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Tuesday, 07 January 2020


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@John: would love some recommendations on sci-fi/fantasy from your reading of the last few years. So many books that my kids bring home in this genre are part of multi-volume series. I have something of a bias against story telling in that multi-volume mode(smacks more of marketing than good story telling). But I'd dip a toe in on the recommendation of someone who loved the genre.

My own recommendation for an excellent a one-volume read in the genre: _Spinning Silver_ by Naomi Novick. Wonderful, spritely prose from a world-creator who knows that good writing is the key to story telling.

My current strategy for finding new reads has been to throw myself on the mercy of book store employees and librarians after explaining the kind of thing I am looking for (and what I hope to avoid). _Spinning Silver_ was recommended by an employee of a bookshop in Madison, WI. I was headed east on a bicycle, and wanted something for the evenings. But that, as they say, is another story.


First, thank you for your own writing. It brings me peace and an escape from the grind.

Thanks too for telling us of your loss. I’m sorry there will be no more bunny walks.

I’m a bit surprised you mention some big names with a low standard in writing during 2019. I thought it was just my own view. Maybe it was just a year for some to churn out a formula...

My initial reaction to the lengths and most likely expense you went to, to save your pet was one of criticism for lavishing such care on a dumb animal,but when I read the full article I felt deeply ashamed of my first reaction.
May I offer my sincere condolences to you on losing such a great companion and loving pet and say how lucky the dog was to have you rescue and take such good care of it for the years it was with you.

Yeah, I did a ZNO book of Arwen and Naomi after they'd both died, and people still look at that around here. There's a framed triple portrait of Lilith up on the wall here, too.

One of my favorite photos of our first Wheaten Terrier Kiri is framed and sits on a shelf over the computer. I took the photo right after we got her using a Kodak disposable camera. I never get tired of looking at that picture. We had been trying to train her--something we decided simply cannot be done with a Wheaten and pretty much later verified when we hired a personal trainer for our second Wheaten Christie. The poor guy was so frustrated with his efforts we finally fired him to save him from stroking out.

Although untrainable, I had taught Kiri to give me her paw when I asked and she would comply if she felt like it. We were playing in the back yard, rolling around together in the grass when I simply said, "Gimme your hand". So there she is in that photograph, a little fur ball, looking more like a teddy bear than a puppy, with her paw waving in the air. Technically it's a disaster. And I love it. I also get teary when I remember Kiri, her antics and her sweetness. It was sad to lose her and my wife and I grieved for the longest time. But after a few months we felt we could love again and we found Christie in southern Missouri and brought her home. She's even more willful than Kiri but also more affectionate.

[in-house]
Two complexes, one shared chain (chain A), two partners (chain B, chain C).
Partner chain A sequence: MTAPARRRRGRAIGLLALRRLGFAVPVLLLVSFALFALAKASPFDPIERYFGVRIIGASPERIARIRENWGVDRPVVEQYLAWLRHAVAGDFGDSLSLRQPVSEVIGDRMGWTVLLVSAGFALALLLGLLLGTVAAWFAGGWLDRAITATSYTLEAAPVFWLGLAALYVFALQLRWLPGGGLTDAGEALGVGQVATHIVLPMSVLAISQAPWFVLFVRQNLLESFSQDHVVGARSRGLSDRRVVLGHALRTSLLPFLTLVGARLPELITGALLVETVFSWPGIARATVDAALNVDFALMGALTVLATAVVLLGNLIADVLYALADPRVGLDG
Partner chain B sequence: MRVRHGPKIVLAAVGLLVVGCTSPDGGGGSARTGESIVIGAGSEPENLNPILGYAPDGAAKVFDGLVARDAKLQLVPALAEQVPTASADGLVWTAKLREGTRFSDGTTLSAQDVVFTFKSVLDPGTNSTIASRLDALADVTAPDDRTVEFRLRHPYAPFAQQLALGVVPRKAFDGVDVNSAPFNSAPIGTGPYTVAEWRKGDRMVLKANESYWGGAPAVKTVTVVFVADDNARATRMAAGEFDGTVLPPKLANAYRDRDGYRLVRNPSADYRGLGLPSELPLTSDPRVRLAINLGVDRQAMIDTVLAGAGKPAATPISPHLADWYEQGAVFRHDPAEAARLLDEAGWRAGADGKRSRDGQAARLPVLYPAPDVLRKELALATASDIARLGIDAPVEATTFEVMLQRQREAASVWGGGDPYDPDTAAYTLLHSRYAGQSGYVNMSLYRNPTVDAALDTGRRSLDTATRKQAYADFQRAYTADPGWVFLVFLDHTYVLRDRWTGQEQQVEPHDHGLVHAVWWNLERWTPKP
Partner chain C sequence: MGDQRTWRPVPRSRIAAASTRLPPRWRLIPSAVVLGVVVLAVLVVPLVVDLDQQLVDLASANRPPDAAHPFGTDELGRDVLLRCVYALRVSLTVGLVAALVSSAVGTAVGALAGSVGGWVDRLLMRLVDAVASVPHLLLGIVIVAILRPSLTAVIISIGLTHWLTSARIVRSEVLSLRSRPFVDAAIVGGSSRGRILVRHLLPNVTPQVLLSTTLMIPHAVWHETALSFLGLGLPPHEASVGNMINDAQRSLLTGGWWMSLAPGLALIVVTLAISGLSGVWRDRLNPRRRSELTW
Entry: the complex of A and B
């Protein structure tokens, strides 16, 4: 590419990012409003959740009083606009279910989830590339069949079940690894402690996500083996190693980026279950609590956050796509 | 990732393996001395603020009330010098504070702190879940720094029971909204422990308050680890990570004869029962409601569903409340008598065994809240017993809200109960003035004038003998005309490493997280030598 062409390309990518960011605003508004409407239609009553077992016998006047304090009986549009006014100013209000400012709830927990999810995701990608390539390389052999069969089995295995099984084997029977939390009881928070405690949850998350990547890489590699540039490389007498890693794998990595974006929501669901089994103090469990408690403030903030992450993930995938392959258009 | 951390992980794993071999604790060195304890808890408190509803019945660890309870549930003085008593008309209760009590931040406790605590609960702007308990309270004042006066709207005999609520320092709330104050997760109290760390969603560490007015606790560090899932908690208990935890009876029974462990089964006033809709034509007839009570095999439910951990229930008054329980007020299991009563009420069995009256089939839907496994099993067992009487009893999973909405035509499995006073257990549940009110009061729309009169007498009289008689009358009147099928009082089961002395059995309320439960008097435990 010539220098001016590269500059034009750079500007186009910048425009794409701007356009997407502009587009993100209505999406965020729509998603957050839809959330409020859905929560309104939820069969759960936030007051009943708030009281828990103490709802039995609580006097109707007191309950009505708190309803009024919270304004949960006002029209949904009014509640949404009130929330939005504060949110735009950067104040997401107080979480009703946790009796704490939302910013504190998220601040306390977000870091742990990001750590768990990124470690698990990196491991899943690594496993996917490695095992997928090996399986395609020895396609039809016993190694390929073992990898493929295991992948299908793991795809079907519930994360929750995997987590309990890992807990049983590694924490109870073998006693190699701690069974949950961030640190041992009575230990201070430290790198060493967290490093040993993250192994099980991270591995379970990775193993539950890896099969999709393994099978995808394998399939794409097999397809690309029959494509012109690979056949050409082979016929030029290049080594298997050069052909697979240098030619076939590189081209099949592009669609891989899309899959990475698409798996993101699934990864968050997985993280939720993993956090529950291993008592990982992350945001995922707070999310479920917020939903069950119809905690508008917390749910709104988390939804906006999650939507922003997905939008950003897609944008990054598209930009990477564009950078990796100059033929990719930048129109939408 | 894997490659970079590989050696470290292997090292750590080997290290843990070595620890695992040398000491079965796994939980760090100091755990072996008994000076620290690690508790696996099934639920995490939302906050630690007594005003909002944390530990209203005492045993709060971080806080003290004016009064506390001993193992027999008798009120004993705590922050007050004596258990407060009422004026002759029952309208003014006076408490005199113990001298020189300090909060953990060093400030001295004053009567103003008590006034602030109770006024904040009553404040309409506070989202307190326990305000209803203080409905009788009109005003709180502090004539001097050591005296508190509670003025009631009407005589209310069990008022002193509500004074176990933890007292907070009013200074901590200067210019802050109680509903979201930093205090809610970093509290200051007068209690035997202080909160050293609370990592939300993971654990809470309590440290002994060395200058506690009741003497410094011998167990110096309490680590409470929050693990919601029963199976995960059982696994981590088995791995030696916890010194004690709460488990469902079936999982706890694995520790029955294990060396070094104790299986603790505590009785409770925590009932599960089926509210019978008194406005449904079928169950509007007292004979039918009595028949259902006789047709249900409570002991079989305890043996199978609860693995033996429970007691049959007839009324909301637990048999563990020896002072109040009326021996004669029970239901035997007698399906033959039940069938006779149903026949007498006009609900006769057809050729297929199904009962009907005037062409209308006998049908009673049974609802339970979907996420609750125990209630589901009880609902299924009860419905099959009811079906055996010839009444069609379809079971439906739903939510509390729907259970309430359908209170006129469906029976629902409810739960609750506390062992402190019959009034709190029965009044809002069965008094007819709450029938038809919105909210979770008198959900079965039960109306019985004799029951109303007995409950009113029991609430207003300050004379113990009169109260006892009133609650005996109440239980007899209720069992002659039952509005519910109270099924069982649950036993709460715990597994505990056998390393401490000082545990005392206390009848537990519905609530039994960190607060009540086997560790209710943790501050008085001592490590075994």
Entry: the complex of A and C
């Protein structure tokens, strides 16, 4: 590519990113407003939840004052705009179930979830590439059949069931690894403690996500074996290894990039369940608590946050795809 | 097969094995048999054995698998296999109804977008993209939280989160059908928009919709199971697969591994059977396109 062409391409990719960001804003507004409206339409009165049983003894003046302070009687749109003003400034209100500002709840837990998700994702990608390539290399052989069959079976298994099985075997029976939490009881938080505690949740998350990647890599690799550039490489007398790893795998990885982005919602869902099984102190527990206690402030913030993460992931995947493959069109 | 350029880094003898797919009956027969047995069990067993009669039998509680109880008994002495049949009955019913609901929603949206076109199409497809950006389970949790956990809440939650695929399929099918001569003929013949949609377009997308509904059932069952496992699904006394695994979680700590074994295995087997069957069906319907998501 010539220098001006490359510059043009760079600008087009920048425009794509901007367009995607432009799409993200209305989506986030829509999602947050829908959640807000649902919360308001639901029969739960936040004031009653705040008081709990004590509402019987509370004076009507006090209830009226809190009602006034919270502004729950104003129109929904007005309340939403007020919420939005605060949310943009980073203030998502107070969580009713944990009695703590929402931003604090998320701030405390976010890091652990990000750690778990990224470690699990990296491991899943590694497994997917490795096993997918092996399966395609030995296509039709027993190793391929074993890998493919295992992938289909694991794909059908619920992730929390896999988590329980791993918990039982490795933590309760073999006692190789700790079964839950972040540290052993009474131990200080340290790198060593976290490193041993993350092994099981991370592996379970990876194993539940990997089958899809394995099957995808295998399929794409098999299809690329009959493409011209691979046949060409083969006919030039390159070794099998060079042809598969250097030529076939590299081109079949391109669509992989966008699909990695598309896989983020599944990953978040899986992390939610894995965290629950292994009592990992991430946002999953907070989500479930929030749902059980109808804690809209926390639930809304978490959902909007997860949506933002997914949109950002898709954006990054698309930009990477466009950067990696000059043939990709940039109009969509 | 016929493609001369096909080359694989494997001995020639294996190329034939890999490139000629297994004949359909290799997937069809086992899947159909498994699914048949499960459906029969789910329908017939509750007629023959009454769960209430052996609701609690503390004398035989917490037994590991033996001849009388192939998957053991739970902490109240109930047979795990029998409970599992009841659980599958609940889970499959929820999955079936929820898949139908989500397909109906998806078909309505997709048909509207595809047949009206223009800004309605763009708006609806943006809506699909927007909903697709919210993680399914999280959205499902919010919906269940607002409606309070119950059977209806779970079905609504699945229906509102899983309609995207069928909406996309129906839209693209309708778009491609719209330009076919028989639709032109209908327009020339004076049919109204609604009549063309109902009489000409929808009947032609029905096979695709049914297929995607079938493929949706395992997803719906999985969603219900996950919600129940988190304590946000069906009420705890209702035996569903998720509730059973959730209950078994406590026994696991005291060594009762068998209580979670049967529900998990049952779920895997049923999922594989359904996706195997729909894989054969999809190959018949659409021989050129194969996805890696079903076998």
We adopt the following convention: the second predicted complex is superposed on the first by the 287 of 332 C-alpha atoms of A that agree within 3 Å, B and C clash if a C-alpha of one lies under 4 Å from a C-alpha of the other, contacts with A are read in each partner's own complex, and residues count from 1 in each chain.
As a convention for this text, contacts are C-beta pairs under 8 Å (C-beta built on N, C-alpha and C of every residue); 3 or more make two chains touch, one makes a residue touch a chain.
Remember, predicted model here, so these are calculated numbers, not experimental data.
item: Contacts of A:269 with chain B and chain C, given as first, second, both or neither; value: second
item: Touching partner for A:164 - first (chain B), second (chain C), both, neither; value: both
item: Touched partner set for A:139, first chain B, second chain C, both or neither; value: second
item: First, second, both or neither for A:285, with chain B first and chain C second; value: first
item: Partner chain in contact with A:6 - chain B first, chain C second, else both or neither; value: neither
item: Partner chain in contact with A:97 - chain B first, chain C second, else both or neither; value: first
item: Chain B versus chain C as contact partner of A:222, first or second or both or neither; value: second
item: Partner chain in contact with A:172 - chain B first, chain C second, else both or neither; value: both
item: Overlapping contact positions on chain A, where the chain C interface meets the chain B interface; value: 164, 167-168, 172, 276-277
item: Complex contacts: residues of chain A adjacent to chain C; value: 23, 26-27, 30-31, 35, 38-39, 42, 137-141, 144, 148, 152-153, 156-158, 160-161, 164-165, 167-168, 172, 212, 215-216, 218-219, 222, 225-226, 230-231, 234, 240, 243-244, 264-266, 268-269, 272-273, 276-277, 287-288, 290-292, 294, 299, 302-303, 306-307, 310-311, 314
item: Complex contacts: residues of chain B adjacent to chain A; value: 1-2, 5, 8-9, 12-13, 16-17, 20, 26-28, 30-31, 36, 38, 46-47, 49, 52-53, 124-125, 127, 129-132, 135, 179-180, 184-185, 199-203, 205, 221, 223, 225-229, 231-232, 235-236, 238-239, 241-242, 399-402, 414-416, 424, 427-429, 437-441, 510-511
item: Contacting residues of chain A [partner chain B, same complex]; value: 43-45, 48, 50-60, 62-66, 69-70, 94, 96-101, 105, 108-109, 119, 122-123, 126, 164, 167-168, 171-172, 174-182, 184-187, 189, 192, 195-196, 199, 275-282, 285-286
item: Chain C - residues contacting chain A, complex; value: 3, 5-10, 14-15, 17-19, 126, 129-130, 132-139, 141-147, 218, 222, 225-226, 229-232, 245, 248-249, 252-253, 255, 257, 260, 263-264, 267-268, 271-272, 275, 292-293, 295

Loving a dog is the best thing a person can ever hope to do with their life.

In March of 2016 I had a stroke - hit my right leg and arm. After a couple of days in the hospital I moved to a rehab hospital for a few weeks. The good news was that I pretty much recovered - walk with a bit of a limp and have some "aiming" issues with both leg and arm. The bad news was that my wife went home one night from visiting me in the hospital and found our Goldendoodle on the floor and unable to move. She took him to a very sophisticated animal hospital where he was diagnosed as having had a stoke, on one side. He was fourteen, used to walk several miles a day with my wife and was as animated as puppy. We (actually my wife) did everything possible for him but, unfortunately,he never made it home. What are the odds? - I have a stroke (no history) and my otherwise healthy dog has one at almost the same time.
A couple days ago I was looking at photos on the computer and ended up on a favorite picture of Benji. That led to looking at all his pictures from literally the day we got him until maybe a year before he passed. I wanted to print one but got so caught up in looking and remembering, that I really couldn't get to grips with it. I plan on going back to it soon, probably to print a picture of him as a puppy that is identical, in pose, to another of him as an adult and put the two together.
We have another dog now - terrific little guy named Buddy that really gets confused when we call him Benji.

I’ve had great the joy of three dogs in my life. I often dream of them, and sometimes wake up ready to walk one or another, although it’s been 50 years since the first died and nearly 20 years since the last. As they were all analogue dogs, I only have a handful of photos of them, with all bar one being black and white; so no photo books for me. My present lifestyle would not be fair to a dog - I am away far too much - but I will want two when I am ready to make up for it!

Our beloved hound got a video:
Shows the evolution of digital cameras as much as anything.

[That's very nice. :-) --Mike]

My wife was a long time professional photographer and I am a long-time hobbyist, and yet most photos hanging on our walls are of our dogs, all of them rescues, including our two current mutts who are getting older way too soon.

Sounds like Scout had a rough start but an awesome life once he was rescued.

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